One of the biggest lessons in life is the realization that everyone wants to understand and be understood. Often, the cart is placed before the horse: the latter is more present than the former. The result is an imbalance rather than symbiosis. Humans are social animals before they are rational animals: you've head it before, people do not care how much you know until they know how much you care. And we all maintain a unique method of receiving and giving, what amounts to nothing less than, love. For any person that has invested significant time in a romantic relationship/partnership, "this" is intuitively known. But for some reason, people amputate these considerations from their professional relationships. There are a number of reasons/causes for this; chief among them: we are socialized for process driven unique, individualized hyper-specialization on the proverbial clock. You're special, develop yourself into a corner, and, uh, time is a-burnin. Anxiety ensues. And in an effort to leap-frog what is necessary to achieve a symbiotic balance, people will often abandon the social worldview for an exclusively rational worldview and supplant themselves as Captain Know-It-All: I am smart, hear me roar. And then, they're screwed. Invariably they will artificially manufacture visibility, awareness, credibility, and leadership without first understanding. You can smell it coming from a mile away. Case in point: Who is smart? Bob Hunt or T. Boone Pickens? More precisely, who is genuine in the doing, not the artificial manufacturing when it comes to a sustainable, alternative fuel model? But Bob's challenge is no less challenging than T. Boone's: he is humble to a fault. T. Boone is anything but humble. You think these two could work together? Maybe not, but they probably should. We'd all be better for it.

How can one be understood if they do not first understand? The sad part and the real fallacy is that people often garner greater likability and opportunity to contribute if they simply listen to understand before artificially compelling their need to be understood and a genuine trust develops.

The best teachers and mentors often top from below; that is to say that they recognize this inherent, almost instinctive, human need for understanding and being understood in their students and begin the relationship by "Socraticly" engaging, "What has been your experience? I am genuinely interested in how you see the world." This is an intentional act of compassion and the student almost intuitively recognizes it as such. The student then responds with their story and their song (ad nauseum) motivated by their need to be understood. And then, the teacher/mentor goes about the unobstructed business of developing the student. The irony here is that Eugene did this exact same thing when we met for lunch for the first time over a month ago. And guess who did all the talking? :-)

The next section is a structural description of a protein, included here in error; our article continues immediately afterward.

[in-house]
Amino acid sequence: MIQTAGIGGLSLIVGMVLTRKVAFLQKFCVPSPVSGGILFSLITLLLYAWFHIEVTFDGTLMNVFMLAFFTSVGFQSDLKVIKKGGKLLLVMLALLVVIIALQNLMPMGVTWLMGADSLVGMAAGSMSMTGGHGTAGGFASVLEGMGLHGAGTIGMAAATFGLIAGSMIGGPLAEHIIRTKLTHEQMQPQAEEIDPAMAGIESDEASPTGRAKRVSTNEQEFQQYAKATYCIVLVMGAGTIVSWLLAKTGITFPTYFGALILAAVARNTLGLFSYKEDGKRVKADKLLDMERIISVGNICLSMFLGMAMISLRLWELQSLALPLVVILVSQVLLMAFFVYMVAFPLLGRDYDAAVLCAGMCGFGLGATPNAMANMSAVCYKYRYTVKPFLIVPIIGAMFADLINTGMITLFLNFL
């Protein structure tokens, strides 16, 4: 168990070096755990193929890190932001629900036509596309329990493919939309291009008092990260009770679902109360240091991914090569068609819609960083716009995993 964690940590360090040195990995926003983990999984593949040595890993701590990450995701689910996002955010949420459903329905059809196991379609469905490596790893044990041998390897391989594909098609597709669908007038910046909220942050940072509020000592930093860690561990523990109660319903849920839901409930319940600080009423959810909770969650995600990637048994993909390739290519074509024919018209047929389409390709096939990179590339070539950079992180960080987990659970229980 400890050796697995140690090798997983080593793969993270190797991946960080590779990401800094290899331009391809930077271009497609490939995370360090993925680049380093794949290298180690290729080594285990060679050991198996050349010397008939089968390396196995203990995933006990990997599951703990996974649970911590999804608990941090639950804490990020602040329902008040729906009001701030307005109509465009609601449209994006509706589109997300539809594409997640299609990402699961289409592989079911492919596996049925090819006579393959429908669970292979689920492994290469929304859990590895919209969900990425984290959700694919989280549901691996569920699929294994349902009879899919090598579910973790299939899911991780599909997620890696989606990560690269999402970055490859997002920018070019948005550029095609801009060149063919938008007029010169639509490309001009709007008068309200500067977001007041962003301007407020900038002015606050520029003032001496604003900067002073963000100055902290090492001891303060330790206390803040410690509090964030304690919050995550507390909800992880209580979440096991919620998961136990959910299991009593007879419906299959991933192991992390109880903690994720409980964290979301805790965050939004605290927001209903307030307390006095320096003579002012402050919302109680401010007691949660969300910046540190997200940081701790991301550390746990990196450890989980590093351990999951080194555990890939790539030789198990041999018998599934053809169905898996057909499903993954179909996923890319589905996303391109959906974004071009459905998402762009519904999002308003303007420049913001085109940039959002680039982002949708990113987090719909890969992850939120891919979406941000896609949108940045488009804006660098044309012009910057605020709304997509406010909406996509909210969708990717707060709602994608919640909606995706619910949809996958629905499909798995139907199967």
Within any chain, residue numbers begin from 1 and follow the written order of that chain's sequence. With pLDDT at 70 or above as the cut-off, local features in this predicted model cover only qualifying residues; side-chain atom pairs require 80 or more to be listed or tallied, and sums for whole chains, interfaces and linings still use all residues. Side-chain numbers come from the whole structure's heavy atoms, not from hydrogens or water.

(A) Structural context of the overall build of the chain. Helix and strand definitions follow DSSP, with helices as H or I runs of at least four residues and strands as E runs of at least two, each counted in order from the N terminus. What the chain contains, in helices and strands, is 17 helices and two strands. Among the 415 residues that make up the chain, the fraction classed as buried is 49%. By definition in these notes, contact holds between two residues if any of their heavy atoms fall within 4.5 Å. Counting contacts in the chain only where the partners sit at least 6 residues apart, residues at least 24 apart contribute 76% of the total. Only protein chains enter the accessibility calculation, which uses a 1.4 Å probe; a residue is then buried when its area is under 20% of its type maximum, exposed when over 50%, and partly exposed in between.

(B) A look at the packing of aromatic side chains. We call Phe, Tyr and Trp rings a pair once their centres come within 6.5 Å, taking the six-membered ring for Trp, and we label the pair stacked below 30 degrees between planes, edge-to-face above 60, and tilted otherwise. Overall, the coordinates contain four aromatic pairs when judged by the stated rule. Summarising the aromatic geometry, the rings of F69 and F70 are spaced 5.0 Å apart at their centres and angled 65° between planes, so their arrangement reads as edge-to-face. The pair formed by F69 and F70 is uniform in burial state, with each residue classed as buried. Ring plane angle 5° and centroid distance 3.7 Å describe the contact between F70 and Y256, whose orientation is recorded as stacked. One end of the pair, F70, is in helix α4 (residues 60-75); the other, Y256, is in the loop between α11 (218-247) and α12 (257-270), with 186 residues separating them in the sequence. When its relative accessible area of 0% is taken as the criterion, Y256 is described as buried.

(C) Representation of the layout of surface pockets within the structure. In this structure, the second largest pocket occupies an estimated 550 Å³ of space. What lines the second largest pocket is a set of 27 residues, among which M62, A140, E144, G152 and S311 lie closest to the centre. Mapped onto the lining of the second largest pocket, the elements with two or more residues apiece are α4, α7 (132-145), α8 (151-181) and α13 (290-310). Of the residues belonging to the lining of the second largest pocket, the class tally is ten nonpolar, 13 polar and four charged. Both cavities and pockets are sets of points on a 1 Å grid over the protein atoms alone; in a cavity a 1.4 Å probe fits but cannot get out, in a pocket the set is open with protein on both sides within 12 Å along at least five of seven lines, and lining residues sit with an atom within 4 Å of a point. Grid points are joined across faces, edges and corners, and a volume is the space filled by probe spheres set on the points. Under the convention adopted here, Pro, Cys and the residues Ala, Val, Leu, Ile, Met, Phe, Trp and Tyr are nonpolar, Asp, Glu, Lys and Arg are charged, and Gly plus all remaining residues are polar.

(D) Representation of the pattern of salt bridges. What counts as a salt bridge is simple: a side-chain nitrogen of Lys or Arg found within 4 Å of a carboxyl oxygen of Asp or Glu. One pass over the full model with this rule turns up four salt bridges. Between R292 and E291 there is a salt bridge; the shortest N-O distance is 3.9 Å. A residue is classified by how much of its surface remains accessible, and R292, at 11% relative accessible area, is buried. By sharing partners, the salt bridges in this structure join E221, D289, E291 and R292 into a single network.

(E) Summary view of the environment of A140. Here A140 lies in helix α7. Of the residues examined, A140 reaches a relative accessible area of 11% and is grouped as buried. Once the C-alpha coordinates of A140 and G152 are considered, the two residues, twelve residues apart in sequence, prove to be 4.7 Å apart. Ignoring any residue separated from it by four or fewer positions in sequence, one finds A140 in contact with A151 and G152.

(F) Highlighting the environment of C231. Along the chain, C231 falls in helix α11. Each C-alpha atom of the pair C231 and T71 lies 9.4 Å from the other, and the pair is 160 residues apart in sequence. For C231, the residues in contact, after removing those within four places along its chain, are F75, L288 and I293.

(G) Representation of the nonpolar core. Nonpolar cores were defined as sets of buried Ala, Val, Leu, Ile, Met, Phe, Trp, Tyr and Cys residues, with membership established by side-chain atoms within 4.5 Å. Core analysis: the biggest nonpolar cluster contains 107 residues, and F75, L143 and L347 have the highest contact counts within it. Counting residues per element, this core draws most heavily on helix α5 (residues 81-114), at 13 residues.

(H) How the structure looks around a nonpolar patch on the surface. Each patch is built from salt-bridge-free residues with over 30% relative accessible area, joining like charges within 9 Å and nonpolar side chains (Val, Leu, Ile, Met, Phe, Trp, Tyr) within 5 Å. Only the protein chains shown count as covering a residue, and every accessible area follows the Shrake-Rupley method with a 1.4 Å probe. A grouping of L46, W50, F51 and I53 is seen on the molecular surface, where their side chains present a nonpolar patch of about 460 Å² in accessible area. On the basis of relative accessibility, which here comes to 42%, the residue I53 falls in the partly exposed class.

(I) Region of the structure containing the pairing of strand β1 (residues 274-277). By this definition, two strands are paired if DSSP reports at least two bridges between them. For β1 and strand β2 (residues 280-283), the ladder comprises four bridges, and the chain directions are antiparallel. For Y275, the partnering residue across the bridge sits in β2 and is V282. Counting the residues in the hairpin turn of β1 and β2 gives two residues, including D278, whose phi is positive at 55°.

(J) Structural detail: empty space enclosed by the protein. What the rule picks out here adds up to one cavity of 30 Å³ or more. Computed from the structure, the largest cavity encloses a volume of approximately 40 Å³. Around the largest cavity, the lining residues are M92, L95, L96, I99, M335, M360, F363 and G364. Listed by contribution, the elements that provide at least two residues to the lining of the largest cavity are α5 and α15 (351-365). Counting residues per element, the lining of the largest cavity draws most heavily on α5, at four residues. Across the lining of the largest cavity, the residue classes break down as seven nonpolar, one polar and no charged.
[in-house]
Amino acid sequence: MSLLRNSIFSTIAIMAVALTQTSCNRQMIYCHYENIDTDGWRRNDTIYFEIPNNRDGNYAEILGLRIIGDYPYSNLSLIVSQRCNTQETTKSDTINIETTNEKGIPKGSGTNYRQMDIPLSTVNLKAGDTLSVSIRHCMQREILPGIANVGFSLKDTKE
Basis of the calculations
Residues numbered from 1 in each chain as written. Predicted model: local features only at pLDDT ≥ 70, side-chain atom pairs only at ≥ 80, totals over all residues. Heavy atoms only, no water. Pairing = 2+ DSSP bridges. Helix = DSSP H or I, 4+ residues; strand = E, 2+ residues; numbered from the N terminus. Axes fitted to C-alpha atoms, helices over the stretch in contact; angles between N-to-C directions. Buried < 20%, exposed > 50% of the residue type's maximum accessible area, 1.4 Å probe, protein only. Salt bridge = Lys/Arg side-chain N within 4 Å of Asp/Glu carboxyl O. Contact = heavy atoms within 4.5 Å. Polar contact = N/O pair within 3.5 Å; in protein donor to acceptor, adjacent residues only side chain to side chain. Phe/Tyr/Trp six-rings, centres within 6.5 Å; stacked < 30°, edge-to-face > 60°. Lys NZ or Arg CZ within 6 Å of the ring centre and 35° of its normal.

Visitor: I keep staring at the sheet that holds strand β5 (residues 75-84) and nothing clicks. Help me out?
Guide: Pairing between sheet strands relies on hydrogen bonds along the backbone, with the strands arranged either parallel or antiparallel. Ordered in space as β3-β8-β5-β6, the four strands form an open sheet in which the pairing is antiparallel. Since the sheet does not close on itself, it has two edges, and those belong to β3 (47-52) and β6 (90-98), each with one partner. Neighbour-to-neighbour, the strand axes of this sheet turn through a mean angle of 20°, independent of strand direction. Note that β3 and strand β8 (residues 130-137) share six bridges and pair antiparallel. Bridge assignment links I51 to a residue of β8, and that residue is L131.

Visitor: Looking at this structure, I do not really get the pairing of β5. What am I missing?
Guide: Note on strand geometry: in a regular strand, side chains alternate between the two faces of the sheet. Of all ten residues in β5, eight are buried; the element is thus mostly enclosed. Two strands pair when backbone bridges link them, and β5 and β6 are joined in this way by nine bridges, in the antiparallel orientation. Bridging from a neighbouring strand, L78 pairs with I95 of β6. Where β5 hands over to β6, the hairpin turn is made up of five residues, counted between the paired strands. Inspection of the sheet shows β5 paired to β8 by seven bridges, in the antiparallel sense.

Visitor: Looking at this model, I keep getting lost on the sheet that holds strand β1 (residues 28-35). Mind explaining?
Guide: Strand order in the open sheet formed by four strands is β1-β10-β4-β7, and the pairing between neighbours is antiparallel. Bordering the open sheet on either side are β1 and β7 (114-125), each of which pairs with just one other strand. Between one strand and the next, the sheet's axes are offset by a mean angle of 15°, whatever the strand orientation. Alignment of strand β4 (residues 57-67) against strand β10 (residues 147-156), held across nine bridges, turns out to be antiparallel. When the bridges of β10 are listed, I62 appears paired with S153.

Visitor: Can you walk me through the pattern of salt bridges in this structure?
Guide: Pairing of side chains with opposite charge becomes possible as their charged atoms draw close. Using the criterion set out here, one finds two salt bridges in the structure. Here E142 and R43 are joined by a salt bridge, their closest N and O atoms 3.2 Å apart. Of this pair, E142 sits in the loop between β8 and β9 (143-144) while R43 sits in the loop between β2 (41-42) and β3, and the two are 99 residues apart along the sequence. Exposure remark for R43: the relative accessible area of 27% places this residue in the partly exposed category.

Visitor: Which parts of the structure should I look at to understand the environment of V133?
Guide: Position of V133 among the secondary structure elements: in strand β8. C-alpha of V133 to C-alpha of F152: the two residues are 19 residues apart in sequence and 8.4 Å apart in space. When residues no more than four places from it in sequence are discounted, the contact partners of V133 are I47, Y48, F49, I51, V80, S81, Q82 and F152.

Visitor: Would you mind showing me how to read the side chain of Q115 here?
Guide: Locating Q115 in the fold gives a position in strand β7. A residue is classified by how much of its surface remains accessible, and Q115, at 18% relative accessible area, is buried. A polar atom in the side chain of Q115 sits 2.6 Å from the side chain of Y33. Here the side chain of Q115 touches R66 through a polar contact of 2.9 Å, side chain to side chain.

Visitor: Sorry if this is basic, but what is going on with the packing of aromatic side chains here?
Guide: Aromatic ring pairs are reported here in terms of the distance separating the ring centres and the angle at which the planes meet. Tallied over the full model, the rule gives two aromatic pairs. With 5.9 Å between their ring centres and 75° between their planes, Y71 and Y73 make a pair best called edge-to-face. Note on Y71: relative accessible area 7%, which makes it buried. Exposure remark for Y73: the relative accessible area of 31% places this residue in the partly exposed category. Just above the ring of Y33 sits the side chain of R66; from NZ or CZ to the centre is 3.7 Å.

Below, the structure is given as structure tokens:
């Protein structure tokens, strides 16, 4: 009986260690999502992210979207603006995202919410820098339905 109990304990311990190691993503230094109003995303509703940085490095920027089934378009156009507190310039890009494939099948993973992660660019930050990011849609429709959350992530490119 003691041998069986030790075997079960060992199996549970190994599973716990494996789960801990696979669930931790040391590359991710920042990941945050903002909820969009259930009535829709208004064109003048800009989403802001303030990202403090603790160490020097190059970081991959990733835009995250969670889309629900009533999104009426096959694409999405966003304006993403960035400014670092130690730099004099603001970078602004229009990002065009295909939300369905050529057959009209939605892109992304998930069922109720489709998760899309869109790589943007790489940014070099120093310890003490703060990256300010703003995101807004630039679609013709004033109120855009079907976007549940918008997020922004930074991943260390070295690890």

All in all, we're all learning. While your critical observation is a good one (albeit a bit too open ended for my liking), the "other side" has problems too and we each go about working through those problems differently. Don't let anything poison your proverbial well... just keep on working through and given the opportunity, reach out to what you identify as false, be their audience and offer an ear if not help. The rest will take care of itself.

Towards understanding and being understood,
Jason

Thom Singer said...

Eugene and Jason -

Thanks for the comments.

Eugene.. yours was too funny, No, you did not inspire the topic... he he... as you are one of the people who educated me (long ago) on being open to differing points of views. beliefs, and opinions. You are a master of that!

Jason, thanks for the insight. I think you are right about the understanding and being understood... but it only works when both parties are open to that connection!